Folk Fest '15: Fifty Years Since Bob Dylan Went Electric
One of the most groundbreaking moments in music history took place right here in Rhode Island. Watch videos of the pivotal performances, plus commentary from Pete Seeger.
In the summer of 1965, Newport Folk Festival attendees learned firsthand that Bob Dylan’s talent was too vast to be confined by fundamental folk parameters. The singer-songwriter was a festival favorite in ’63 and ’64. But a year later, Dylan shocked his fan base with a three-song electric set, gutsily intertwining folk with rock and roll.
This revolutionary moment was the first live “plugged-in” set of Dylan's professional career and marked his jump into the realm of rock. As innovative as this was, the 1965 Newport audience was not completely onboard with his new sound. Bob Dylan was booed and called a sell-out during his performance for the clear departure from his acoustic roots.
Dylan was at a loss. At the time of the performance, it was rumored that fellow folk musician Pete Seeger was disgusted with Dylan’s new artistic direction. To the technical crew during the festival, Seeger reportedly scoffed, “If I had an axe, I’d cut the cable right now.”
In the 2005 documentary No Direction Home, Dylan said he had no idea why he was booed. He was visibly distraught by Seeger’s disapproval.
“It didn’t make sense to me,” Dylan said in the documentary. “Pete Seeger, someone whose music I cherish, someone who I highly respect, is going to cut the cable. It was like a dagger. Just the thought of it, you know, made me want to go out and get drunk.”
But in a 2013 interview with "Democracy Now!" Seeger said his anger was totally misread. “I was furious that the sound was so distorted; you could not understand a word he was singing,” Seeger told the host, Amy Goodman. “I wasn’t against Bob going electric. As a matter of fact, some of Bob’s songs are still my favorites. What an artist he is.”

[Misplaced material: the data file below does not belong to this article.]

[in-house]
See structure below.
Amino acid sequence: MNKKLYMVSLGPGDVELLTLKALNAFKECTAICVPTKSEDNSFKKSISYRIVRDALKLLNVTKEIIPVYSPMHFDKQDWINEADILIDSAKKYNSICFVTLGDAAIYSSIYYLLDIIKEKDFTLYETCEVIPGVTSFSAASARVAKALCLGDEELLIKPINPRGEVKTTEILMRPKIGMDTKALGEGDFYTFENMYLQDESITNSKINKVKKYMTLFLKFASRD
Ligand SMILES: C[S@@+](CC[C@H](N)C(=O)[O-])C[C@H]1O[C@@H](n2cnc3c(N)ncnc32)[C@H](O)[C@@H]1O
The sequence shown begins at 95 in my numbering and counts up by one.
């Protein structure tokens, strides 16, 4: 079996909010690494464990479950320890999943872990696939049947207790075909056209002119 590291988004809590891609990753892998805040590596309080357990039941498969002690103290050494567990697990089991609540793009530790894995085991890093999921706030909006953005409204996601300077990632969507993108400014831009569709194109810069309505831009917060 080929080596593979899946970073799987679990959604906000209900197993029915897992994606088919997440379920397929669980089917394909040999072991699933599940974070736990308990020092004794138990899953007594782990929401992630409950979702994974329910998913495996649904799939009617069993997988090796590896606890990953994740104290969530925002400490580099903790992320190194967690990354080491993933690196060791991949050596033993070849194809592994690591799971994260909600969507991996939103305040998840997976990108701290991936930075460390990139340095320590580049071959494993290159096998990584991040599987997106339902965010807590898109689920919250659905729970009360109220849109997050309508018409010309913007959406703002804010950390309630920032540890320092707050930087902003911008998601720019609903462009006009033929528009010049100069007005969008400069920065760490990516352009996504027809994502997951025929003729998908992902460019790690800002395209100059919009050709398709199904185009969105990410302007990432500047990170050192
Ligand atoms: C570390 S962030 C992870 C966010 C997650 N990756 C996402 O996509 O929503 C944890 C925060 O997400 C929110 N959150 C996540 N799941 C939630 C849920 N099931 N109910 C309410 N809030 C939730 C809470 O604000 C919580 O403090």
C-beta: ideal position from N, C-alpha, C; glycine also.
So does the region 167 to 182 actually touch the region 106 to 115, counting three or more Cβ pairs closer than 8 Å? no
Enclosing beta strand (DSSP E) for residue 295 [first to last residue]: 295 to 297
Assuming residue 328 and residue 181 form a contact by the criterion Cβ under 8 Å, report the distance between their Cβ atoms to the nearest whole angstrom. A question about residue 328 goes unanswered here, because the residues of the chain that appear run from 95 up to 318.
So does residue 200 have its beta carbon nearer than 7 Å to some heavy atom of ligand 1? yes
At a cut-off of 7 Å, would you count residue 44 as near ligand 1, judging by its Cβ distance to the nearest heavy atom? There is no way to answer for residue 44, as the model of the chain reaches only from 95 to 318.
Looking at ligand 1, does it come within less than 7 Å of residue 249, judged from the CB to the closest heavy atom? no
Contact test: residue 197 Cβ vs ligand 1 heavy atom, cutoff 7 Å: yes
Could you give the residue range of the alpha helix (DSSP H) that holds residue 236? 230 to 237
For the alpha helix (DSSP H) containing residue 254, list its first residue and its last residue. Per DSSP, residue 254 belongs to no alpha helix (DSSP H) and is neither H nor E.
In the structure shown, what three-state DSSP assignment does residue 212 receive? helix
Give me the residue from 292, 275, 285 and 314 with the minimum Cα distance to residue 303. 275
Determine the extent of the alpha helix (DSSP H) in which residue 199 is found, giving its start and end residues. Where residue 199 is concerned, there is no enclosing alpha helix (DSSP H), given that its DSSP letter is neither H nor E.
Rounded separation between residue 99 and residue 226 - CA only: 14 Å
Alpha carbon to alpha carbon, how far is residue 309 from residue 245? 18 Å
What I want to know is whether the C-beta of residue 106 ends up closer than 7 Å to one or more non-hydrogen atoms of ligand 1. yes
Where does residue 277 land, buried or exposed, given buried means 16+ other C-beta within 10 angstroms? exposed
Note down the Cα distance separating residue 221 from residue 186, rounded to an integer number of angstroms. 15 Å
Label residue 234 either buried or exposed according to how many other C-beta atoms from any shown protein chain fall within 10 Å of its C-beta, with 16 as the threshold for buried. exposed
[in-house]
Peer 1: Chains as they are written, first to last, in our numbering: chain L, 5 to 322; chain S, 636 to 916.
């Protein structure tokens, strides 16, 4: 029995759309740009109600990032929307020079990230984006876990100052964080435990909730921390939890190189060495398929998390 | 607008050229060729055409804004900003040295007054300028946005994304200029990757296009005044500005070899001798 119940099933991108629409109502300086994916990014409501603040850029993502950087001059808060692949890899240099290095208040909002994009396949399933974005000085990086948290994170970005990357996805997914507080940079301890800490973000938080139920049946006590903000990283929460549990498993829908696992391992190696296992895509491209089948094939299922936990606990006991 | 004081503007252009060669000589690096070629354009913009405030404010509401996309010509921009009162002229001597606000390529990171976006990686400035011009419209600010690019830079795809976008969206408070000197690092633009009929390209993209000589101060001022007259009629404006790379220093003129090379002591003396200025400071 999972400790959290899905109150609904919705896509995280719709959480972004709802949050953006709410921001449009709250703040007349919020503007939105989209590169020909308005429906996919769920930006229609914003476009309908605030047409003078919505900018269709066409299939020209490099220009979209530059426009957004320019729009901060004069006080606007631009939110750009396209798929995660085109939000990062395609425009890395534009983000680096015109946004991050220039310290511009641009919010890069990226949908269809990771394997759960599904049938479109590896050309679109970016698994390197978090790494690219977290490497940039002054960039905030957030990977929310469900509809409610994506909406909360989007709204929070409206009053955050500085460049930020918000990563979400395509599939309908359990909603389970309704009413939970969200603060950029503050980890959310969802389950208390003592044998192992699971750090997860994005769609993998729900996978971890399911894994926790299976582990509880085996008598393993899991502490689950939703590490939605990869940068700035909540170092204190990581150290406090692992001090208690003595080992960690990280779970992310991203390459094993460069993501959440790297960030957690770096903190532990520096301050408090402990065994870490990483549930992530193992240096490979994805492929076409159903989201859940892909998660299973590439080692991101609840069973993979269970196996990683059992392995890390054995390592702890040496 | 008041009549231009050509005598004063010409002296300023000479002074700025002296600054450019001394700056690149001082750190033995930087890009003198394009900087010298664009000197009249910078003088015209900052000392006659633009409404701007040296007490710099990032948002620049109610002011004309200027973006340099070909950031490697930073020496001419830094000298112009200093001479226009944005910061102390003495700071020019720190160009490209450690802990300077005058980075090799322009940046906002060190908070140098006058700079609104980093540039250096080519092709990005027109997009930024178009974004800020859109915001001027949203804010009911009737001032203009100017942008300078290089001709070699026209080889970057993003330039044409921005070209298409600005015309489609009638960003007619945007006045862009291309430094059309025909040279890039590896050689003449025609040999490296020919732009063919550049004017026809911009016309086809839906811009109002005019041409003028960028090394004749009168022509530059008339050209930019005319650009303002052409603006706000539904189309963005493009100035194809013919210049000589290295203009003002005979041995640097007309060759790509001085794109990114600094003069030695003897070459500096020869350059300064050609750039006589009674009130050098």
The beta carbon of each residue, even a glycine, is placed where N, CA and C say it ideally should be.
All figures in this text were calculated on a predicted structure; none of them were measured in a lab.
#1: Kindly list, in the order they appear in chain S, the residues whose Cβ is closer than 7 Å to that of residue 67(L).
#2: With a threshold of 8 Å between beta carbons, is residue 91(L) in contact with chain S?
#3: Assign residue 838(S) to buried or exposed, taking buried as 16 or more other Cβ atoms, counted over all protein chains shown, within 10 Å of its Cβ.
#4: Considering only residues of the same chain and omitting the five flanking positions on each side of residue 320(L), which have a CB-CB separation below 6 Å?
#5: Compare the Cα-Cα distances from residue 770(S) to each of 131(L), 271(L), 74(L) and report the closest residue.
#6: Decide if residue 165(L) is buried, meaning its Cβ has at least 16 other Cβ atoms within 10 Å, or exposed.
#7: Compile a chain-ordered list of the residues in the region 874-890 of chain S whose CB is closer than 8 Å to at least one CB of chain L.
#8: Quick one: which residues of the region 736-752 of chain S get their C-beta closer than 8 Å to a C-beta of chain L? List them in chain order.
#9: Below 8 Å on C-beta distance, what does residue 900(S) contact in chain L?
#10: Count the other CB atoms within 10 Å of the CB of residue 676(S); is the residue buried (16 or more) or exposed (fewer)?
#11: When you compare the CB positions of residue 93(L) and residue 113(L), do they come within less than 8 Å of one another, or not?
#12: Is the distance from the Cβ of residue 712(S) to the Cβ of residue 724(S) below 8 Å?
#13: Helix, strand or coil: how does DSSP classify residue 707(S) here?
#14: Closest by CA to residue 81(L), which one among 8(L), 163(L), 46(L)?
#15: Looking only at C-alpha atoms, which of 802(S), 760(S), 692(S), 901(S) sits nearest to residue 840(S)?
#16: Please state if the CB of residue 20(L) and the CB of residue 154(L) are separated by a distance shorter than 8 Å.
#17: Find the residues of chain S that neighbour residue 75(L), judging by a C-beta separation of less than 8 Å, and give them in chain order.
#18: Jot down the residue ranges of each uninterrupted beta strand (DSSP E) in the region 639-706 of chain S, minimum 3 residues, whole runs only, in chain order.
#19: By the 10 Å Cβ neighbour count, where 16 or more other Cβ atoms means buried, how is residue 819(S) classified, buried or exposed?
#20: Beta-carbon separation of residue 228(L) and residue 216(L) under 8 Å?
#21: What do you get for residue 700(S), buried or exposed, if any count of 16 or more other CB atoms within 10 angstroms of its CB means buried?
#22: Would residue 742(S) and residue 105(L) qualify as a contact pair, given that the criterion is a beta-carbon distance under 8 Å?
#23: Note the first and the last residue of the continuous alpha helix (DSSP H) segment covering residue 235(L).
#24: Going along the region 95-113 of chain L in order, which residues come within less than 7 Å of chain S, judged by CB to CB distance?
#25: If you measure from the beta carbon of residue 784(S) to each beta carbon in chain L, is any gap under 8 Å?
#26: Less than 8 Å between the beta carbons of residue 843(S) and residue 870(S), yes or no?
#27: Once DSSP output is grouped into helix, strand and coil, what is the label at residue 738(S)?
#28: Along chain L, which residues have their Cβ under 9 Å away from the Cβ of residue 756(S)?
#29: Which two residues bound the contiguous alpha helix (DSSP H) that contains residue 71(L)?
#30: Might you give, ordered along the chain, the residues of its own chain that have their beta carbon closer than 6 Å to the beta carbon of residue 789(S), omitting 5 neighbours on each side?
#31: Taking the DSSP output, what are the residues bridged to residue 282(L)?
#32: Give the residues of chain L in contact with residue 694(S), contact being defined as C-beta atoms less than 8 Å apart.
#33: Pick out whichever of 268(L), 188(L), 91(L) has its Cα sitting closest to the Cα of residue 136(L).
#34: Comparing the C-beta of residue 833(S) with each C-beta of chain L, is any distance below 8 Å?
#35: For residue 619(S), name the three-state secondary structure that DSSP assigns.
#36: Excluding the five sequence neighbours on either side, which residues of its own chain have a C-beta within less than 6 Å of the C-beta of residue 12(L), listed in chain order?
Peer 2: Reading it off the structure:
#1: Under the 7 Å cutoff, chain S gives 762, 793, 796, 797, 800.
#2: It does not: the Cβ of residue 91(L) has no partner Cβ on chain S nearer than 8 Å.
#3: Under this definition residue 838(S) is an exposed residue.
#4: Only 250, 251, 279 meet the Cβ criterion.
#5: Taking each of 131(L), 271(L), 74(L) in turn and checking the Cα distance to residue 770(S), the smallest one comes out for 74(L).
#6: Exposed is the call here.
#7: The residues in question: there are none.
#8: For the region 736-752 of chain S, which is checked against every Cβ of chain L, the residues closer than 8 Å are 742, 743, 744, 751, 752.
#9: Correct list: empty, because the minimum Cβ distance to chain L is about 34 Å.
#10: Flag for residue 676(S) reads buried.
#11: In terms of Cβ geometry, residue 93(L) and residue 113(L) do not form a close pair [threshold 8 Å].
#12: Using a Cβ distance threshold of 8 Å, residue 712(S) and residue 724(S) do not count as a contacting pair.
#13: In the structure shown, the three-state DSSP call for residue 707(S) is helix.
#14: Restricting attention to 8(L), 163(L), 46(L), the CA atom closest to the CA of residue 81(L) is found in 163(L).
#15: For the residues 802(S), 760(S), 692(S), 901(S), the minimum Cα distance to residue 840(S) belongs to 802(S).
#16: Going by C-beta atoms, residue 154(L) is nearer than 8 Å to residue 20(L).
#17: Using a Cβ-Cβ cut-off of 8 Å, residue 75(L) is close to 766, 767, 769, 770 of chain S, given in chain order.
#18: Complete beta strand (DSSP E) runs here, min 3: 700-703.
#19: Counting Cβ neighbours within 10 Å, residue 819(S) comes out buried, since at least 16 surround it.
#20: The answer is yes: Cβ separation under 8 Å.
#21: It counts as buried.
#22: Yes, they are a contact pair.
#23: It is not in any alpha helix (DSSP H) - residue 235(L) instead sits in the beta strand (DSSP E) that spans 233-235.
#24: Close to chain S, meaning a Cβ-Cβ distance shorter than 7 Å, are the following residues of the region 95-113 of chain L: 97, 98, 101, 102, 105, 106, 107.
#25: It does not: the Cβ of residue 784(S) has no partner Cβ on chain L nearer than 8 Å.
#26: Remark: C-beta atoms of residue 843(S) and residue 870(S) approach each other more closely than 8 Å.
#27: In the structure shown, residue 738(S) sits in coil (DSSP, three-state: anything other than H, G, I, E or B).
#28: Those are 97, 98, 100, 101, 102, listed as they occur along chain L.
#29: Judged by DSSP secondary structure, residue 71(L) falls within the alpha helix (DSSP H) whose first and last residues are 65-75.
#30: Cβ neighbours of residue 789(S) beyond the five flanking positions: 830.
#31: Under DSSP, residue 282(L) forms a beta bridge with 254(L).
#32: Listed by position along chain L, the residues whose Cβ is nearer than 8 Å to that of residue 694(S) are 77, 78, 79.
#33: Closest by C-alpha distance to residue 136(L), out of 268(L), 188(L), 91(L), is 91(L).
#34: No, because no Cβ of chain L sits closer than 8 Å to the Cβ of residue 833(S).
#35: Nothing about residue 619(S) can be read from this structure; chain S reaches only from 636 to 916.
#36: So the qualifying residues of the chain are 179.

From the audience’s perspective, on the other hand, the poor sound quality just added to the fact that Dylan didn't play folk songs first before picking up an electric guitar. Dylan refused to return to Newport for thirty-seven years.
Back in '65, Dylan left a betrayed Newport audience to remember him with a performance of the now-classic “Like a Rolling Stone.” But when he returned to the Newport Folk Festival in 2002 — albeit wearing a wig and a fake beard — the living legend performed the song once more as an encore. This time, his audience was amazed. I suppose we can say Dylan and Newport have made amends.
As the festival progressed over time, blues, rock and indie artists took the stage to perform. Although Dylan will not be returning to Newport this year, the 2015 festival features a diverse group of artists, including Roger Waters, Hozier, Brandi Carlile and the Tallest Man on Earth. Dylan can be credited for expanding the horizons of the Newport Folk Festival from that 1965 night onward, changing music forever.
To mark the events of that fated night in folk history, author Elijah Wald will host the multimedia talk, "Dylan Goes Electric," on Sunday at noon at the Newport Folk Festival. Learn more at newportfolk.org.